October 15th, 2010
04:07 PM ET
The Rev. Martin Luther King Jr. was dozing off in his bedroom around midnight when the phone rang.
“Listen, n**&**r, we’ve taken all we want from you,” a caller hissed. “Before next week, you’ll be sorry.”
King hung up and walked to his kitchen to heat a pot of coffee. He had been receiving death-threats for weeks - ever since he had accepted a request to lead African-Americans during a bus boycott in Montgomery, Alabama.
But King was starting to doubt his decision.
As the threats poured in, his fears increased for his wife, Coretta, and their infant daughter, Yolanda. He now wondered how he could relinquish his role as the boycott leader without appearing a coward.
Then something happened that King would talk about for years afterward. He bowed over his untouched cup of coffee, and prayed aloud in desperation. King said he heard an “inner voice” that addressed him by name, and encouraged him to stand up for justice.
King’s kitchen table prayer is part of what inspired Lewis V. Baldwin to write, “Never to Leave Us Alone: The Prayer Life of Martin Luther King Jr.”
Baldwin, a religious studies professor at Vanderbilt University in Tennessee, says most people know King as the great public orator, but few know about his rich prayer life.
King crafted “some of the most strikingly and profoundly moving prayers in all of sacred literature.” Baldwin said. His kitchen table plea may have been his most important prayer.
“It was a conversion experience for Dr. King,” Baldwin said. “King never had what, in the language of the church, is called ‘a crisis conversion.’ "
Baldwin recently talked with CNN about King’s prayer life. His remarks were edited for brevity.
CNN: What inspired you to examine Dr. King's prayer life?
Baldwin: I have been interested in King's spirituality since the early 1980s, because I think we best understand him as a person of faith who translated certain kinds of spiritual and moral values into efforts for social change. So much has been written about King's preaching and pulpit style… but strangely enough, scholars who have treated these subjects ignore King's prayer life.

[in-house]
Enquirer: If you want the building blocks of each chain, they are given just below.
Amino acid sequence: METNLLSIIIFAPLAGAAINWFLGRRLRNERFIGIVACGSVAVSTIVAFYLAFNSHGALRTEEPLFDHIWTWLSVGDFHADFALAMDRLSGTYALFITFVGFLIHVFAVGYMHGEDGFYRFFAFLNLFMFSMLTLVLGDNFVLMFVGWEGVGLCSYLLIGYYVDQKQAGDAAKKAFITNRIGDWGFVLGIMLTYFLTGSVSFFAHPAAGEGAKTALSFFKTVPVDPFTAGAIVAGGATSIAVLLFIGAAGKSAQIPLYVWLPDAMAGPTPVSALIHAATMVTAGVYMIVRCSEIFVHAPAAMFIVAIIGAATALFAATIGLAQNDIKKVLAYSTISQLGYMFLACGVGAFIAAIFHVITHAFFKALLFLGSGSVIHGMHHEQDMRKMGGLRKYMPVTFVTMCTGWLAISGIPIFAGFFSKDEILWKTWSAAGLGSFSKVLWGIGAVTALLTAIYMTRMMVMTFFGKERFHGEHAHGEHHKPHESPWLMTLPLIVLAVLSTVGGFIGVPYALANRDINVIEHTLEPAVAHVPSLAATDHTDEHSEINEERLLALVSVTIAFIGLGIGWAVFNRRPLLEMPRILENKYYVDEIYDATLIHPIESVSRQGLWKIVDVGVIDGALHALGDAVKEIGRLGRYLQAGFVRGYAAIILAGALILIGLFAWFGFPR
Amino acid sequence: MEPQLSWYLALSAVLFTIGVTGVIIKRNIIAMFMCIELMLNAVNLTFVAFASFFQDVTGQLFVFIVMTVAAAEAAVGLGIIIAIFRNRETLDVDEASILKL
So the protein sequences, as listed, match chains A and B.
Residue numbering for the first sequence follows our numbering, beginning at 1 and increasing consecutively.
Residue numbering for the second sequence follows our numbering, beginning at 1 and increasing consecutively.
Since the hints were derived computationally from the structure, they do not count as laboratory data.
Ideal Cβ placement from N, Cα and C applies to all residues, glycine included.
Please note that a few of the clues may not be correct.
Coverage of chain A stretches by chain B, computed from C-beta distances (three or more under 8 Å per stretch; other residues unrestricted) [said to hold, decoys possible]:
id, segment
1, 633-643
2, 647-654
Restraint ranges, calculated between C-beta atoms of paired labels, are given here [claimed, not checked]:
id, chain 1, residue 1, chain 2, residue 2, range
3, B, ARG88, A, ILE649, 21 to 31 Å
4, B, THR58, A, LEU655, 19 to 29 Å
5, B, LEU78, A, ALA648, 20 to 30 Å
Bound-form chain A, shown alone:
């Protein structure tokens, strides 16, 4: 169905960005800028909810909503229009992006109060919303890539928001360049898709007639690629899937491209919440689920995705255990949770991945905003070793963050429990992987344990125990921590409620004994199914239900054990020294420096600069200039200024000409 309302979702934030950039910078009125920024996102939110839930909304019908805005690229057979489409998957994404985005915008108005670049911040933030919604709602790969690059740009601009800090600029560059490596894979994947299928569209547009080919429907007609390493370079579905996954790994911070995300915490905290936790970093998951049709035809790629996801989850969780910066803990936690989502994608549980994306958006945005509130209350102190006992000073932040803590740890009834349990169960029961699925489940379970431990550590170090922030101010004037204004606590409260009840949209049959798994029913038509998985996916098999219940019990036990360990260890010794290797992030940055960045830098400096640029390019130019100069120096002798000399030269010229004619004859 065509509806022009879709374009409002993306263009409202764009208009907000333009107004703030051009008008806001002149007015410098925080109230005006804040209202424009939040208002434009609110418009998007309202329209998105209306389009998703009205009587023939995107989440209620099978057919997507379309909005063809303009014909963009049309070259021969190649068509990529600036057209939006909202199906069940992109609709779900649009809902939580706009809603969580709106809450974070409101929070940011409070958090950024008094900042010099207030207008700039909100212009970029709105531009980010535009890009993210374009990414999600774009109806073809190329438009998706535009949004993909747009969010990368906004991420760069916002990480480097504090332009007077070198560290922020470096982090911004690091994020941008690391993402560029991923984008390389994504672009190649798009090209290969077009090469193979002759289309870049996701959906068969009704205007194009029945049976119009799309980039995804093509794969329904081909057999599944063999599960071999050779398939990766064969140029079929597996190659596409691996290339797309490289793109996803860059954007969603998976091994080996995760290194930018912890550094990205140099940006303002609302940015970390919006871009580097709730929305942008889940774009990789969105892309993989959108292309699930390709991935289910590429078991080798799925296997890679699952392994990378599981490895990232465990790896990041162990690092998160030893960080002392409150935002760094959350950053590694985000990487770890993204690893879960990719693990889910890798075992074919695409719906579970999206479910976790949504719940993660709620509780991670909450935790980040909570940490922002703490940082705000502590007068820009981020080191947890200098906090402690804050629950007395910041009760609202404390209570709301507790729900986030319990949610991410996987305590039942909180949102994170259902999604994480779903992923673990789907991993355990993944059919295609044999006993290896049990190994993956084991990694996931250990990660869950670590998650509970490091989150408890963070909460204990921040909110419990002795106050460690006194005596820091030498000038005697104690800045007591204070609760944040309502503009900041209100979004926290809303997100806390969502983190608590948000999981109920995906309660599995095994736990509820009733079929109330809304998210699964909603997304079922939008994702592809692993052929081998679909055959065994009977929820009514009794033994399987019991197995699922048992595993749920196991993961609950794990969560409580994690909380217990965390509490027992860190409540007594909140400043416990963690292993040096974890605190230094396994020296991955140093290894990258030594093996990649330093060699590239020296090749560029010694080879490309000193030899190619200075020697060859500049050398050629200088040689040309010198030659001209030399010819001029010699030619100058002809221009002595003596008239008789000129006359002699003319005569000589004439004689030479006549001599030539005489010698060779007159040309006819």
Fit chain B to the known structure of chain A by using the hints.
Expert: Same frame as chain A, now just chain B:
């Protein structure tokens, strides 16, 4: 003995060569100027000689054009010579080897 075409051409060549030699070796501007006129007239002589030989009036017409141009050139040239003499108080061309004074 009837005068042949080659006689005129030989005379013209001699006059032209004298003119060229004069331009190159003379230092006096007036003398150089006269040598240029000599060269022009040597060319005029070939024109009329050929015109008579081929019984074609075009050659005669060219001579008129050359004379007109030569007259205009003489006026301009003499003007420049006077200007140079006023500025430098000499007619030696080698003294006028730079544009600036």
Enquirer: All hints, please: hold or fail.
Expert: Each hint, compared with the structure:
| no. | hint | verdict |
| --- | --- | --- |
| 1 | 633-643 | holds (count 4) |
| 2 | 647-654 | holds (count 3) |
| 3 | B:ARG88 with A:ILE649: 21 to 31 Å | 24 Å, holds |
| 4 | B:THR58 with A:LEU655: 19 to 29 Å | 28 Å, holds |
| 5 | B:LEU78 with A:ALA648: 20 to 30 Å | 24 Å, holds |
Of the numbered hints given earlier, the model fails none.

CNN: Why was King’s kitchen prayer in Montgomery so pivotal for him?
Baldwin: The experience reminded King that he could not depend on the resources of his talents and intellectual training to make it in the struggle. He came to see more clearly that religion had to be real to him in a special way as he confronted the pressures of the movement.
After the kitchen experience, King felt a special divine companionship, or what he called cosmic companionship, and this sustained him. Fear left him and he was assured that if he continued to stand up for justice and righteousness, God would be with him.
CNN: Did praying help prepare King for his long stints in jail?
BALDWIN: Most definitely. As I point out in “Never to Leave Us Alone,” King was often in a prayerful mood. This prayerful mood was most evident when he was struggling with some special challenge. During the civil rights movement, jail cells were often turned into sacred space for what were essentially revival meetings.
King and his aides sang and prayed in jail, calling to mind Paul and Silas. Great prayer meetings occurred in jail cells. I am convinced that prayer and meditation preceded the writing of the Birmingham Jail Letter, and that King wrote it in a prayerful mood. After all, it was a letter from a pastor to pastors.
CNN: Did King ever get so emotional during public prayers that he could not finish?
BALDWIN: This most certainly happened in Montgomery during the bus boycott in 1955. Surrounded by people who were constantly responding to his preaching and praying with shouts of "Amen," "Hallelujah," "Praise God," it was very difficult for King not to get emotional.
His emotions came out that night because he felt some guilt and responsibility as he thought about the bombing of homes and churches that were occurring.
As a boy, King was ashamed of the shouting and other expressions of emotionalism in southern black churches, but he overcame that in his adult life and came to a deeper appreciation of the rich emotional heritage of black churches.
CNN: Was public prayer just as important as freedom songs were in fortifying King and other civil rights leaders?
BALDWIN: When people wanted to take control of their sacred space, they sang and prayed. This happened when sheriffs and constables entered black churches during mass meetings, or when the protesters confronted mobs and symbols of segregation in the streets.
One cannot talk about prayer and songs separately; they were one in the consciousness of those who felt that God was on their side, and who were inspired by the church.
About this blog
The CNN Belief Blog covers the faith angles of the day's biggest stories, from breaking news to politics to entertainment, fostering a global conversation about the role of religion and belief in readers' lives. It's edited by CNN's Daniel Burke with contributions from Eric Marrapodi and CNN's worldwide news gathering team.